Nine months ago, when Stephon Clark was gunned down in his grandmother’s Sacramento backyard holding nothing but a phone, LaWana Mayfield tweeted, “Being Black in America under #45 (Donald Trump) has created homegrown terrorist [sic] wearing blue uniforms. #AReckoningIsComing.” Nearly 9 months later, Mayfield was appointed to a Human Relations Committee under Gov. Roy Cooper. One article, one letter from NC Senate GOP members later—none of whom are people of color—and the appointment was rescinded.
And before we dismiss her use of “homegrown terrorist” as false and inflammatory, let’s note she made clear days later that she was not defining all police officers, but instead speaking to the kind of brutality that even Martin Luther King Jr denounced. Furthermore, in 2006 the US FBI Counterterrorism Division stated directly in a bulletin that there was a problem with “white supremacists infiltrating local and state law enforcement,” with no subsequent action. In other words, Mayfield’s use of “homegrown terrorist” was consistent with the descriptions of infiltrators identified in 2006. While the words may have been uncomfortable to hear for many white Americans, it didn’t make them any less accurate.
Mayfield’s entrance/exit experience in this situation was not unique, but a microcosm of the experiences of many women of color (WOC) in leadership. Where we often cite being direct as a leadership quality, all directness is not handled the same. As a man who has had many female supervisors, I acknowledge that the assertive/aggressive window is much smaller for women then for men. As a black man, I learned early that this window was smaller for me than for white male friends. But I’ve learned repeatedly over time that for women of color, with the double tax of race and gender, the assertive/aggressive window is the smallest.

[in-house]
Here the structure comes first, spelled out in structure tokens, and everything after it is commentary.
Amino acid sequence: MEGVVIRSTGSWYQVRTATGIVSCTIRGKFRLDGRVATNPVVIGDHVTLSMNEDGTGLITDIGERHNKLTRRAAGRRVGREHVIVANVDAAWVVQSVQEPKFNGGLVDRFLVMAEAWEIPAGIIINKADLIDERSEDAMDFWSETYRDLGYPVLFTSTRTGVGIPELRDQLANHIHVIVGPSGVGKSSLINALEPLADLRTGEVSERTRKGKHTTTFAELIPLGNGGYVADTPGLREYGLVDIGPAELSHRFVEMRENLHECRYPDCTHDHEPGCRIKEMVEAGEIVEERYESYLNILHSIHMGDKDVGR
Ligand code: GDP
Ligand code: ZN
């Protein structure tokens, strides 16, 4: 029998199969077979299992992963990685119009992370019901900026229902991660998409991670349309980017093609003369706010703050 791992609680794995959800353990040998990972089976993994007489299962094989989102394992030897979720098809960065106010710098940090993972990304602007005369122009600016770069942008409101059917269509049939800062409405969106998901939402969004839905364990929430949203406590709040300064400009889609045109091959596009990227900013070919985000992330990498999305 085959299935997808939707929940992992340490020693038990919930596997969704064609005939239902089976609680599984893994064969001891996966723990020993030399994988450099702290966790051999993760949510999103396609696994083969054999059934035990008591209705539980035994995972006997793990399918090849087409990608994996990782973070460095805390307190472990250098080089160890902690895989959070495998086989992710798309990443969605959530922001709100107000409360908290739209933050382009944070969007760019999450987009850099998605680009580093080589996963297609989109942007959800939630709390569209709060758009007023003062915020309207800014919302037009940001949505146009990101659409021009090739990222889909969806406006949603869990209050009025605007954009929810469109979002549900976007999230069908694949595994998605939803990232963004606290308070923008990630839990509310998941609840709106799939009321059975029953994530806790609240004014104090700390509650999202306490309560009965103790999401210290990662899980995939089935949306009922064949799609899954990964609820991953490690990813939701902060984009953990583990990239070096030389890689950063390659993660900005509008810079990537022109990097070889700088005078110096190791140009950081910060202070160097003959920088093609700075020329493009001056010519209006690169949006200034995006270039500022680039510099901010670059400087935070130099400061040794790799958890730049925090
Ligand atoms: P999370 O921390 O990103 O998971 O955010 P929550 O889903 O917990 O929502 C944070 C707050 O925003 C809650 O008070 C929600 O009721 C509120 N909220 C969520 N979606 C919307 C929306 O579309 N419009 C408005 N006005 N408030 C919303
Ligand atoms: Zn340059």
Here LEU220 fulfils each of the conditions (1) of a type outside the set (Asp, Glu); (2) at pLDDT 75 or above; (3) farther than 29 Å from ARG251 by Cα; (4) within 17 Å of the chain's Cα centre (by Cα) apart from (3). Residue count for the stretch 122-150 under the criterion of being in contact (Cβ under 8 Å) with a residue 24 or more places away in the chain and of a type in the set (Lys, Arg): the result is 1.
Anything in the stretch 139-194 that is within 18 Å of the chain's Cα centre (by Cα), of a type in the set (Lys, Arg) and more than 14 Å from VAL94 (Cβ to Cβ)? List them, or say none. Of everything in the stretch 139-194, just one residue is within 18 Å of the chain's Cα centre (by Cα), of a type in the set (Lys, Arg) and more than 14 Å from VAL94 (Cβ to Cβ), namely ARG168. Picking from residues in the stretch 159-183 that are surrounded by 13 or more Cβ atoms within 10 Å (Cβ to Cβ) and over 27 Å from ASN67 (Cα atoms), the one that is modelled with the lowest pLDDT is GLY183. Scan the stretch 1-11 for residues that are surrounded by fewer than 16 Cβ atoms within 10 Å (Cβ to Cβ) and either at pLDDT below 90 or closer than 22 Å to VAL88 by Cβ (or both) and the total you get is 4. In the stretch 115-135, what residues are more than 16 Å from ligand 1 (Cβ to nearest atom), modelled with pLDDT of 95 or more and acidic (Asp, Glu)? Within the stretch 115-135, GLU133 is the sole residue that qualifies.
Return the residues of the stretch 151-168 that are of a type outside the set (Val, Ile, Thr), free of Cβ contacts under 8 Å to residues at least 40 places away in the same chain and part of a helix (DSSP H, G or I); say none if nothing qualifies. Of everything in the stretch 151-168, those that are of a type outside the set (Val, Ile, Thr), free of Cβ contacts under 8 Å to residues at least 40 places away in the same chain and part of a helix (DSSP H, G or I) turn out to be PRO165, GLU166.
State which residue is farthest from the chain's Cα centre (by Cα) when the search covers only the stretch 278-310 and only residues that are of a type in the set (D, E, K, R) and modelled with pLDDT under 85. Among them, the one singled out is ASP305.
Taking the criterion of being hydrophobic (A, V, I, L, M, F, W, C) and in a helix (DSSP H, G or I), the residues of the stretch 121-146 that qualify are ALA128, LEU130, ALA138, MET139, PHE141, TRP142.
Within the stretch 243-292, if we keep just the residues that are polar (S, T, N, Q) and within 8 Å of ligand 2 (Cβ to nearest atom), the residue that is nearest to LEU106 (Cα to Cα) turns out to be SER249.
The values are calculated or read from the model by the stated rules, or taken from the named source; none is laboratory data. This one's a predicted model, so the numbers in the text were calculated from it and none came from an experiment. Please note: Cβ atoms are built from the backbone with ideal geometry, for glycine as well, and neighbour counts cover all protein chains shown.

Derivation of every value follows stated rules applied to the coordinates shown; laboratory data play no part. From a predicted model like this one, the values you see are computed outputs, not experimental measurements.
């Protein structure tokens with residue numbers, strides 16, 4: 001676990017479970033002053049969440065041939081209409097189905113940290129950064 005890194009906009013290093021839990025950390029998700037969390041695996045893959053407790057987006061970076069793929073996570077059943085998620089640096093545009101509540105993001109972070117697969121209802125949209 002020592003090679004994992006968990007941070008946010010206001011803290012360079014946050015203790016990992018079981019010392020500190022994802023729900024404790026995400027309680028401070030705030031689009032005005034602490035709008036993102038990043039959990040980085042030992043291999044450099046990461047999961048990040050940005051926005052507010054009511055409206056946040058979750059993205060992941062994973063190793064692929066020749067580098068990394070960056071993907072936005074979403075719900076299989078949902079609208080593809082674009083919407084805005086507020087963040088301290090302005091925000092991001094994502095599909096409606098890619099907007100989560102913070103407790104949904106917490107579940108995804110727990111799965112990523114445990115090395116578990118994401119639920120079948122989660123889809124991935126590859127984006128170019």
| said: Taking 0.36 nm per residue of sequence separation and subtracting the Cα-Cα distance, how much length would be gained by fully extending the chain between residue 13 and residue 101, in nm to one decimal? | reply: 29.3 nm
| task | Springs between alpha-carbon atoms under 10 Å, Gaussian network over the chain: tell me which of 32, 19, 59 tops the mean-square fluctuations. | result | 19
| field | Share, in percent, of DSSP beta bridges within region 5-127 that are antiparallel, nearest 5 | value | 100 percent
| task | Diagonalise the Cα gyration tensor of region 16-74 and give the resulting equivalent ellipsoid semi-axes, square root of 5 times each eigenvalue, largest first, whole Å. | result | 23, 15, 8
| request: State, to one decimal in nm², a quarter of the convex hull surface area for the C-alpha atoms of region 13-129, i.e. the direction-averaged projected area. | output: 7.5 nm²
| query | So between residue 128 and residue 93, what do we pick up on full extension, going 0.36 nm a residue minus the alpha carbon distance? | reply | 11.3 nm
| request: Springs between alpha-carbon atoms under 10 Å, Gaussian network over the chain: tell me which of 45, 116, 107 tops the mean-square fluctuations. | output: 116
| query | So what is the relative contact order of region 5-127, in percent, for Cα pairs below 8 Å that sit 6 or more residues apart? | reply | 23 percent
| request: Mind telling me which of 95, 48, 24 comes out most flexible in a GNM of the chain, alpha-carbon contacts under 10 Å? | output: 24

This phenomenon is so prevalent that there is a meme that shows the progression of many WOC entering a space (often, but not exclusively nonprofit) of significant white leadership that goes through the stages of: Honeymoon; uncomfortable reality offered by WOC; denial response by leadership; and retaliation with the woman of color eventually exiting.
In Charlotte, we are fortunate to have many bright and talented WOC in our midst. Unfortunately, we also muffle many of them, squander their talents and sometimes lose them to other communities when they don’t feel supported to bring their authentic experiences and perspectives. As Jack Nicholson might say: We can’t handle the truth. As a nation, we struggle with truth and reconciliation on race; we struggle with truth and reconciliation on gender. When they are packaged together as one, we’re often overwhelmed. We have WOC on boards or even as organizational leaders who walk on egg shells over bringing their full selves, fearing being treated as a problem, frozen or pushed out. This often creates tokenism and status quo maintenance versus the real sustained change that we say we’re pursuing.
If after reading this, your instinct is to go ask your organization’s WOC if they feel this way or assume “not here,” please don’t. Assume things can improve and explore what can be done. None of us are immune. This is not one woman’s cry, but a cultural epidemic. Our community meals not only need WOC at the table, but the full assortment of ingredients that they bring. Much like my grandmother’s collard greens, some may initially shock the pallet. But in time, you’ll crave them and realize that your meals without them had long been incomplete.